Aaron Ogle was quite taken with Philadelphia’s first Deputy Mayor for Public Safety.
“Man, you need a Youtube channel,” Ogle told Everett Gillison in a meeting.
Ogle, 30, is something of the leader of the seven-pack of Code for America fellows that parachuted into City Hall earlier this month.
said Ogle, a former developer for local GIS shop Azavea. He is one of two Philly natives in this, the inaugural year for an experimental program that offers chosen cities a team of coders for a year to create open source products that make government more efficient, transparent or ideally both.
In January, Ogle and Mjumbe Poe, 27, who was formerly doing contract code work for the University of Pennsylvania, landed in San Francisco to meet their new teammates and more than a dozen other young developers who would be working for the other inaugural CFA cities Washington D.C., Boston and Seattle.
After a month of training in relevant skills, style and city government, all of the fellows are being put up for the month of February in their respective cities. In March, all the fellows will make the pilgrimage back to the CFA headquarters in San Francisco where they will all presumably hold hands, share what they’ve learned and by September have an alpha version of some kind of application.
That’s what brought Ogle, Poe and the rest of the team in the gaze of Gillison.
Aaron Ogle | 30 years old | Philadelphia | @atogle
Specialty: Urban sustainability applications
Mjumbe Poe | 27 | Philly | @mjumbewu
Specialty: Education software
John Mertens | Iowa | @mertonium
Specialty: Institutional web development
Matt Lewis | 24 | San Francisco | @mattlewisSF
Specialty: Social media
Michael Evans | 29 | Mountain View, Calif. | @EvansML
Specialty: Data visualization
Pete Fecteau | 27 | Michigan | @peterfecteau
Specialty: Nonprofit web development
Tyler Stalder | 23| Kansas | @tylerstalder
Specialty: Enterprise development and design
“I don’t think local government should be building apps. They should just be opening data,” said Michael Evans, 29, formerly a data visualization consultant from the Palo Alto, Calif. area. “When you have developers [like us do the work] really beautiful things can happen.”
Everyone involved with CFA is careful to manage expectations. The CFA fellows aren’t going to create revolution. They just hope to inspire it a little bit.
Some kind of doohickey is going to be produced by year’s end, but the conversations and relationships that these fellows create are meant to reverberate across and bolster every city’s movement toward greater transparency through technology.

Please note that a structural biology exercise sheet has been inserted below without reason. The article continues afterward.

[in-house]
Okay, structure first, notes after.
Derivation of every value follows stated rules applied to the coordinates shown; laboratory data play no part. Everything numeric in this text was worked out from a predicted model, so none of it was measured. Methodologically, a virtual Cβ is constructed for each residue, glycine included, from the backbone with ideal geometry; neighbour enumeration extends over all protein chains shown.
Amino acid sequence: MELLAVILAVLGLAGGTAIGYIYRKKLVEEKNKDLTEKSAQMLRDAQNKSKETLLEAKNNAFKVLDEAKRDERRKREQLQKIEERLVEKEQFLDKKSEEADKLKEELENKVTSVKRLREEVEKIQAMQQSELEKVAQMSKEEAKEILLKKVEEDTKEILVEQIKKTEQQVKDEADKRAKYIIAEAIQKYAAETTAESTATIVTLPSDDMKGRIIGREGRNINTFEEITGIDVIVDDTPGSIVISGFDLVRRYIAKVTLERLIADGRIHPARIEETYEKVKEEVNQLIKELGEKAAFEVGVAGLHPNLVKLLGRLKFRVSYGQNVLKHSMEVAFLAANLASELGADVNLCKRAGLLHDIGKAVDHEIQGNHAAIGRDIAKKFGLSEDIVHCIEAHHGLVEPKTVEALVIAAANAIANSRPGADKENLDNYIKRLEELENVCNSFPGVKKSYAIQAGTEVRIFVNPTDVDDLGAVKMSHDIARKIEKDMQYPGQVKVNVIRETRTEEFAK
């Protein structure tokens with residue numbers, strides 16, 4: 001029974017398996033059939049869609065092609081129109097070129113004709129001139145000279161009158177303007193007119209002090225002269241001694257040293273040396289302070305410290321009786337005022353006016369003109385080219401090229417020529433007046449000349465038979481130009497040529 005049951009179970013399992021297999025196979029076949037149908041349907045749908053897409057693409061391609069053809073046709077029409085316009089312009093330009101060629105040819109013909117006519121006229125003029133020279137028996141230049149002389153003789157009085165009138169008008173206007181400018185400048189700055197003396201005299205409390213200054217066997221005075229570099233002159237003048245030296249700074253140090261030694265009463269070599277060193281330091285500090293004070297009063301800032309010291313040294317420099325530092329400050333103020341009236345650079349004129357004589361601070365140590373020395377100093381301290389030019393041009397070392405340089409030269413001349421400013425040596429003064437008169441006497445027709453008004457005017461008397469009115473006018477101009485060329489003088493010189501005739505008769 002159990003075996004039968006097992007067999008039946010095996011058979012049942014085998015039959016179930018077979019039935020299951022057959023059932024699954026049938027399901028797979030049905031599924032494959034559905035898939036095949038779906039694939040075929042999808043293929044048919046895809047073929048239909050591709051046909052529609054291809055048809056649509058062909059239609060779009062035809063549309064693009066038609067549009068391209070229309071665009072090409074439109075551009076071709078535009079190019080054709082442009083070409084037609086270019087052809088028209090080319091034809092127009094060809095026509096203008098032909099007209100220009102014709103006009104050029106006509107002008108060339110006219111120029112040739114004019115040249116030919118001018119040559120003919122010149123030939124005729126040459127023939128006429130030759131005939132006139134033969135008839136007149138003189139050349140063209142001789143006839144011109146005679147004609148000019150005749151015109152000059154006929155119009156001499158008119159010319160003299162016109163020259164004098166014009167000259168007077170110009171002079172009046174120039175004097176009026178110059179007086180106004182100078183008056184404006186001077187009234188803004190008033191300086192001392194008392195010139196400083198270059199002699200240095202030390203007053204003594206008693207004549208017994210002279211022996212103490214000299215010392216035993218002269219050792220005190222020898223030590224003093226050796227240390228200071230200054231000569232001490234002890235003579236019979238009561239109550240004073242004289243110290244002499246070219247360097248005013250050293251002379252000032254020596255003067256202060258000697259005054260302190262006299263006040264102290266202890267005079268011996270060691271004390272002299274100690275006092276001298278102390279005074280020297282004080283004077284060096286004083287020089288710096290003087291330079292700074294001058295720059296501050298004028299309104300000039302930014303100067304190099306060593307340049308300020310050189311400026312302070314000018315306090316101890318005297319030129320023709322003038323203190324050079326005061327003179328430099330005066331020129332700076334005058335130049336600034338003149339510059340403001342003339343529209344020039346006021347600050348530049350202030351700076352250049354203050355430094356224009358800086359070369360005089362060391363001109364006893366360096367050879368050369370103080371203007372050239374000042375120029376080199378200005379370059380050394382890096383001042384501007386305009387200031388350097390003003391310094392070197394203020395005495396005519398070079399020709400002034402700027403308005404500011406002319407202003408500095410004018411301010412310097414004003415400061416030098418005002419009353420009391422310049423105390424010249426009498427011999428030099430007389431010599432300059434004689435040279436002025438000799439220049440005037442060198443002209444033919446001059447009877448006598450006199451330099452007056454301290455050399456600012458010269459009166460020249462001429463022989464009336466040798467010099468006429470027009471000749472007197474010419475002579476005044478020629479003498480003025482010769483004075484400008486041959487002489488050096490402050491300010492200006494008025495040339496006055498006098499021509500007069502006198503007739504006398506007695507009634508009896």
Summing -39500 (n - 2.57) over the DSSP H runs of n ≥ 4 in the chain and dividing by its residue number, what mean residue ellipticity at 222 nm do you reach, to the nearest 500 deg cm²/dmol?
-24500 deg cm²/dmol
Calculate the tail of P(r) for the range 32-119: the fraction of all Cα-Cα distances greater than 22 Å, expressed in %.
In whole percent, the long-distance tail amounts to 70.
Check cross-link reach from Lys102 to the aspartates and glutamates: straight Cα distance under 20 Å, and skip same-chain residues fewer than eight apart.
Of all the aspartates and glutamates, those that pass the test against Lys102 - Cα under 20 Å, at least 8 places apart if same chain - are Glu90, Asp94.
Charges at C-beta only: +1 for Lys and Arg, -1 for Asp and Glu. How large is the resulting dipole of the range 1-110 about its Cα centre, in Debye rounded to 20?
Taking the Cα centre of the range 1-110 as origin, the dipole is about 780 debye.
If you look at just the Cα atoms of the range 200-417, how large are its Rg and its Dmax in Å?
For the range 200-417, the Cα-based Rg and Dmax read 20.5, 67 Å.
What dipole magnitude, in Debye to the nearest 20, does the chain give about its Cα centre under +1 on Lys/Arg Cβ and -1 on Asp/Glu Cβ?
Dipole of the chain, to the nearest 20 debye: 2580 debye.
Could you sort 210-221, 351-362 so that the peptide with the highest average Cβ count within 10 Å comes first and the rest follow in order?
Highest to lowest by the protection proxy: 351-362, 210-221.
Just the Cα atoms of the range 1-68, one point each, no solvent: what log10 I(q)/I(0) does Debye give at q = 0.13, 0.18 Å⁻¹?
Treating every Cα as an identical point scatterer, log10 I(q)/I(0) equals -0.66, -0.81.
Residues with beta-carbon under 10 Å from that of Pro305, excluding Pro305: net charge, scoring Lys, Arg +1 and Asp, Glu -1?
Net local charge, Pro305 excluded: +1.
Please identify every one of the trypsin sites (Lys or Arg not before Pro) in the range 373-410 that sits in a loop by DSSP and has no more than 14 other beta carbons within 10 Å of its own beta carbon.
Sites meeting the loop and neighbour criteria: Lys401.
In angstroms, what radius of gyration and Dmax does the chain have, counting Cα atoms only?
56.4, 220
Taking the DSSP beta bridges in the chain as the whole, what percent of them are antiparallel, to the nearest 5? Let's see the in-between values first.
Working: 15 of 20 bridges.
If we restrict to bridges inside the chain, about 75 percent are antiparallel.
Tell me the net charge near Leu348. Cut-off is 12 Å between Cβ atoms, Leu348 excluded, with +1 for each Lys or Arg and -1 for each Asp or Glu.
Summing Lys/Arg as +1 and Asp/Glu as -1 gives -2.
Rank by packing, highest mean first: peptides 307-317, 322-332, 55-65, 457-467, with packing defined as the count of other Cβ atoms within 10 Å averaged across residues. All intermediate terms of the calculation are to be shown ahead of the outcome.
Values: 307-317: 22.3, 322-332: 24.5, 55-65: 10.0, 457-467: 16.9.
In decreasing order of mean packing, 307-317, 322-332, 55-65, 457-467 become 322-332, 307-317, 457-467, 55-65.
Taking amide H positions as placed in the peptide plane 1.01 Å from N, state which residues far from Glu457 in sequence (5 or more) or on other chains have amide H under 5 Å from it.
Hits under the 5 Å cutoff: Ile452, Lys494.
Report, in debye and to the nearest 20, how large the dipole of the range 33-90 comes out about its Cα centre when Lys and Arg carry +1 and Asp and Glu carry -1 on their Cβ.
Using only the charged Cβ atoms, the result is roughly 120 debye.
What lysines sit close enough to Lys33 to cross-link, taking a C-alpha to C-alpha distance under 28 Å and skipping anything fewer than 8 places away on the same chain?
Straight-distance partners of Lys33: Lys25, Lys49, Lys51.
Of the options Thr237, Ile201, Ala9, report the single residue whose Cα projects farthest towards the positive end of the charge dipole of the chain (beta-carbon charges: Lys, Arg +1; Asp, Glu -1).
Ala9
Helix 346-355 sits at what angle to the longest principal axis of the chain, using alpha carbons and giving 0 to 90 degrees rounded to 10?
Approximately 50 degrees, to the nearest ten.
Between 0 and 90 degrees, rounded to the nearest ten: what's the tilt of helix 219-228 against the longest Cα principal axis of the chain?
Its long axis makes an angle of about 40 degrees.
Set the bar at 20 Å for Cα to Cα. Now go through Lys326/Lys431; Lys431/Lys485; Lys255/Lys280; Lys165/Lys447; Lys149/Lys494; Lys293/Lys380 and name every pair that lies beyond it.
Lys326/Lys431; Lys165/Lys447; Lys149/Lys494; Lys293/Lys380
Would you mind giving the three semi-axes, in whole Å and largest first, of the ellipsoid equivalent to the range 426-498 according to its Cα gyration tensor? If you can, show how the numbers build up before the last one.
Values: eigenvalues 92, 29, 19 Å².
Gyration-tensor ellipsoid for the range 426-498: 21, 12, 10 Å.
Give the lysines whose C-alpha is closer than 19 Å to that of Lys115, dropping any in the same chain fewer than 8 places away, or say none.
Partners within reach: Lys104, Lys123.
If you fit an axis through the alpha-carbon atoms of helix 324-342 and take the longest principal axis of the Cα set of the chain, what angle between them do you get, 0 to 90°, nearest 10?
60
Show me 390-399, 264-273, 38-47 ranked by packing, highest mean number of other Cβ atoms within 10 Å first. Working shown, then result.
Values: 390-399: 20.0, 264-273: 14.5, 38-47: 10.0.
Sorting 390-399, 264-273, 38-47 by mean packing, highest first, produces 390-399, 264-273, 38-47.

“…One very important long tail is the nation. Our project is going to serve Philadelphia, but it’s also openly shared with anyone who wants to use it, any city that has a common problem that our project can solve,” said Pete Fecteau, 27, who was previously working with the Salvation Army near his home in Grand Rapids, Mich.
“It’s not all that local,” Fecteau, who spoke about his CFA experience at Ignite Philly 7, goes on. “It goes out to the nation. It’s open source. Literally someone from the European Union can use it or beyond.”
A big selling point of the program is meant to be cost: big impact through technology talent on the cheap.
The City of Philadelphia is paying $225,000, which covers stipends for the fellows, says CFA lead organizer Jen Pahlka, “although the city is already seeing benefits over and above the project they are assigned to do, primarily cost savings from process improvements the fellows are able to implement during their year of service. There are also intangible benefits to the city in exposure to agile development methods and lean startup approaches to problem solving in a civic context.”
That cost is nothing compared to the kind of impact and return on investment that the city gets in return, says Division of Technology Chief of Staff Jeff Friedman. Friedman says the kind of service CFA is offering would cost the city closer to $1.48 million in consulting costs. CFA, which handles other costs, like travel, is funded, as Pahlka says, “by individuals, corporations and most significantly by foundations including the Knight Foundation and the Omidyar Network.”